Should cancer patients get the COVID-19 vaccine?
The U.S. Food and Drug Administration (FDA) has approved the use of several vaccines to help protect individuals from getting COVID-19, a highly contagious viral infection that is especially dangerous for people with weak or compromised immune systems, including cancer patients. These vaccines have been shown to be safe and effective, according to the federal Centers for Disease Control and Prevention (CDC), and the potential benefits of receiving a COVID-19 vaccine outweigh the known and potential harms of becoming infected with the disease.
While the COVID-19 vaccines are generally recommended for cancer patients, specific types of cancer treatment might affect when the vaccine should be received. This Q&A is intended to provide important information for cancer patients to consider. However, this general guidance does not take the place of your oncologist, who is aware of the specifics of your case and treatment.
We strongly recommend that patients discuss risks and benefits of the COVID-19 vaccine with their oncologist.
The information below represents the current opinions of physicians at BJC HealthCare, Washington University School of Medicine in St. Louis and Siteman Cancer Center related to COVID-19 vaccines for cancer patients.
A: Cancer patients who get COVID-19 are at higher risk for complications, hospitalizations and even death compared to healthy people who get COVID-19 (learn more). That’s because cancer patients in active treatment can have a weakened immune system, which makes it harder to fight off diseases such as COVID-19. Based on the opinions of physicians and other experts at BJC HealthCare, Washington University School of Medicine in St. Louis and Siteman Cancer Center, we recommend that cancer patients who have completed their treatment get the vaccine. Cancer patients who have not completed their treatment should discuss risks and benefits with their oncologist.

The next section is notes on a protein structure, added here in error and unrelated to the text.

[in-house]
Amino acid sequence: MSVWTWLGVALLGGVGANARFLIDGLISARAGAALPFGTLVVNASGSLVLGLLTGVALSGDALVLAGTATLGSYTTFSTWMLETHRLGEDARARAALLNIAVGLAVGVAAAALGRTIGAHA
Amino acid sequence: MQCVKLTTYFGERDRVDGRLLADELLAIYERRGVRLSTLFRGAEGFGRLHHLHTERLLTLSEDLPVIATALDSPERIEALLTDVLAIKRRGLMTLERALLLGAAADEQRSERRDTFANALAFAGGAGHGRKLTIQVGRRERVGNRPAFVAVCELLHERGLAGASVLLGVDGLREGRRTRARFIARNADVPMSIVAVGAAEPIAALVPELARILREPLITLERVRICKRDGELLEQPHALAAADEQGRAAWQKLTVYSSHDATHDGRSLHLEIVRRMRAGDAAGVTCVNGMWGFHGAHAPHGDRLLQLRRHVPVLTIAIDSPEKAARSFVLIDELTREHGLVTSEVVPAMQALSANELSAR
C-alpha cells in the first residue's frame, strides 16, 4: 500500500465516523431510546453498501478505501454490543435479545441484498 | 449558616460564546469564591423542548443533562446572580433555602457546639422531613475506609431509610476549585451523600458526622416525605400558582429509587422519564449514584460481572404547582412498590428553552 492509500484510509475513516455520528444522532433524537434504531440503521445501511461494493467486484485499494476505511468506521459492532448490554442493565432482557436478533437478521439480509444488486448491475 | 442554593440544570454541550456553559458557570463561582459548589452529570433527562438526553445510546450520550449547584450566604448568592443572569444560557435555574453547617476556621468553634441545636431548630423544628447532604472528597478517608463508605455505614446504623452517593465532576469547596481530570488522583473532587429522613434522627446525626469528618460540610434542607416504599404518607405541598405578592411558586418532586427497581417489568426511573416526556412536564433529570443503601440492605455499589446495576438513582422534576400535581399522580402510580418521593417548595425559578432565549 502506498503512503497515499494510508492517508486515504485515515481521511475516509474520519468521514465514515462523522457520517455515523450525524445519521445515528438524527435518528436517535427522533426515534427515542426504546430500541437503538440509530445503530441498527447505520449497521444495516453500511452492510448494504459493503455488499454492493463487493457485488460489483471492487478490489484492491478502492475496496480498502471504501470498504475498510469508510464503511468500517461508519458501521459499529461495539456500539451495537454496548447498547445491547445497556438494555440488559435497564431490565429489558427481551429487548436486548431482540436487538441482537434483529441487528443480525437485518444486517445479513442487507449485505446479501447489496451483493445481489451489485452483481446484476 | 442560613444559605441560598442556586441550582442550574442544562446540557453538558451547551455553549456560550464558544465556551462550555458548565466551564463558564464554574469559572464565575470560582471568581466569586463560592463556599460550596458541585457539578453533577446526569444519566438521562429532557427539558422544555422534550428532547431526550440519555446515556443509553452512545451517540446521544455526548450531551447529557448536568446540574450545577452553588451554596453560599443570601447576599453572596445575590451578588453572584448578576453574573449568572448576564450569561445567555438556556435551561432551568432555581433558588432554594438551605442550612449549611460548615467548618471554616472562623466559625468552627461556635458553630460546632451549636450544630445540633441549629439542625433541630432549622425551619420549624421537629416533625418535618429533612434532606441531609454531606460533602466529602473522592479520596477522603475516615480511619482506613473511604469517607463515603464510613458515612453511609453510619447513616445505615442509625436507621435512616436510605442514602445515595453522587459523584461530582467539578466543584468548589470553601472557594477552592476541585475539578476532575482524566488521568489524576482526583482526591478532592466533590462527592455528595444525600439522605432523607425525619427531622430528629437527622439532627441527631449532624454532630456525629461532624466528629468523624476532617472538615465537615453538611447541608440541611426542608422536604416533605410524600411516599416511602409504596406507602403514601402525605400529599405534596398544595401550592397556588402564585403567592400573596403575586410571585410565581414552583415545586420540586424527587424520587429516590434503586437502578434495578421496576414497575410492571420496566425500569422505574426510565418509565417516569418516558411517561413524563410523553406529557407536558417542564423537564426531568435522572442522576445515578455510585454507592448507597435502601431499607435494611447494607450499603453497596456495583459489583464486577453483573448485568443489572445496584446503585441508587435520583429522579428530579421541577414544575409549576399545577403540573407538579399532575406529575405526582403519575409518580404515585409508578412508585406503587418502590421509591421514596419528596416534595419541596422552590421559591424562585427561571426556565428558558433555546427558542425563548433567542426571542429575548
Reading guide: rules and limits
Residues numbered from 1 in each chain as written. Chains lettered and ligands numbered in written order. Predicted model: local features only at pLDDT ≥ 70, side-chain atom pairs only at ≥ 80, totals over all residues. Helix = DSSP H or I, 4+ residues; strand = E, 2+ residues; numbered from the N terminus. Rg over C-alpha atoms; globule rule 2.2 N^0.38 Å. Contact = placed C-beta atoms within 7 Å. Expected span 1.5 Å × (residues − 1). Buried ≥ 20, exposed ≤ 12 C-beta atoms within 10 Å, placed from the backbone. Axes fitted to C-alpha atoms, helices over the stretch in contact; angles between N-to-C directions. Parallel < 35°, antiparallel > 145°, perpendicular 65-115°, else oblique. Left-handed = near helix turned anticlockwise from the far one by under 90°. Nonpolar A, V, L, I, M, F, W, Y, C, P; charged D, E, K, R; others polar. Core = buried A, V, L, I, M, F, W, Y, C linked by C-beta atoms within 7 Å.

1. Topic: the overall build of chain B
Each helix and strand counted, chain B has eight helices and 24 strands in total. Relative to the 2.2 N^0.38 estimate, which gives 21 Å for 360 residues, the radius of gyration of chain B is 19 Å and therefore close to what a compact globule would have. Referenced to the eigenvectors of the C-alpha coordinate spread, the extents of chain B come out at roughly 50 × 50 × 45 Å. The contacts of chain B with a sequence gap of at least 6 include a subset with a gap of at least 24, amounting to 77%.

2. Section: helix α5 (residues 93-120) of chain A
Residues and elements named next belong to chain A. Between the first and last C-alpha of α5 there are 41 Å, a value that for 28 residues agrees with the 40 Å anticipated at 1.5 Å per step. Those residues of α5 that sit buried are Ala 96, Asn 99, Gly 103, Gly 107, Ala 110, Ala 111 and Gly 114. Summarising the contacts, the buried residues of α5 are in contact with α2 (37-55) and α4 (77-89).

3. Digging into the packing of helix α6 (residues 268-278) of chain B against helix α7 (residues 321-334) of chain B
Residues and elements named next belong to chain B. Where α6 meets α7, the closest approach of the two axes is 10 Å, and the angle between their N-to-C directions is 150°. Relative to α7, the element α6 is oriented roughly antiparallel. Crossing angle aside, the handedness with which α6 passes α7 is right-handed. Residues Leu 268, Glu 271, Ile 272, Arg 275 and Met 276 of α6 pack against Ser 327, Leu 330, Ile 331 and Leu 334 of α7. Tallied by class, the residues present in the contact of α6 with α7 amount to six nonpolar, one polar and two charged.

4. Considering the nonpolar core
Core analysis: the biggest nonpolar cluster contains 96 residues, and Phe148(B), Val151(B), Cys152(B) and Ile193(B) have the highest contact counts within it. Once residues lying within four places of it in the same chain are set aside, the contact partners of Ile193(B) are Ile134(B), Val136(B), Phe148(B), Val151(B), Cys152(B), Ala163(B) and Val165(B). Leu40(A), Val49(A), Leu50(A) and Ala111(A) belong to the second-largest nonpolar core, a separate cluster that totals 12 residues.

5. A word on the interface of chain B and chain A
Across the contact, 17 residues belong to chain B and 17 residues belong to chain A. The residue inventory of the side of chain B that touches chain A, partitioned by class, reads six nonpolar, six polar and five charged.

A: The answer depends on when and how fast your cancer treatment needs to start. Your oncologist will help you make the right decision.
A: It depends on what type of cancer treatment you are receiving, which is why we strongly recommend talking with your oncologist. But, in general, these are our recommendations for patients undergoing:
- Chemotherapy – We recommend that patients who are completing their chemotherapy in the next two to three months delay getting their COVID-19 vaccination until treatment is completed. For those undergoing chemotherapy for a longer period, it might be beneficial to receive the COVID-19 vaccine in between rounds of chemotherapy. Talk to your oncologist about getting the first or second COVID-19 shot two weeks before a round of chemotherapy.
- Radiation Therapy – You should be able to receive the COVID-19 vaccine at any time, but we recommend talking with your radiation oncologist first.
- Bone Marrow/Stem Cell Transplant – We recommend that patients delay the COVID-19 vaccination until one to three months after transplant. We would postpone the COVID-19 vaccine for a longer period of time if you are placed on steroids and experience a significant drop in immunosuppression.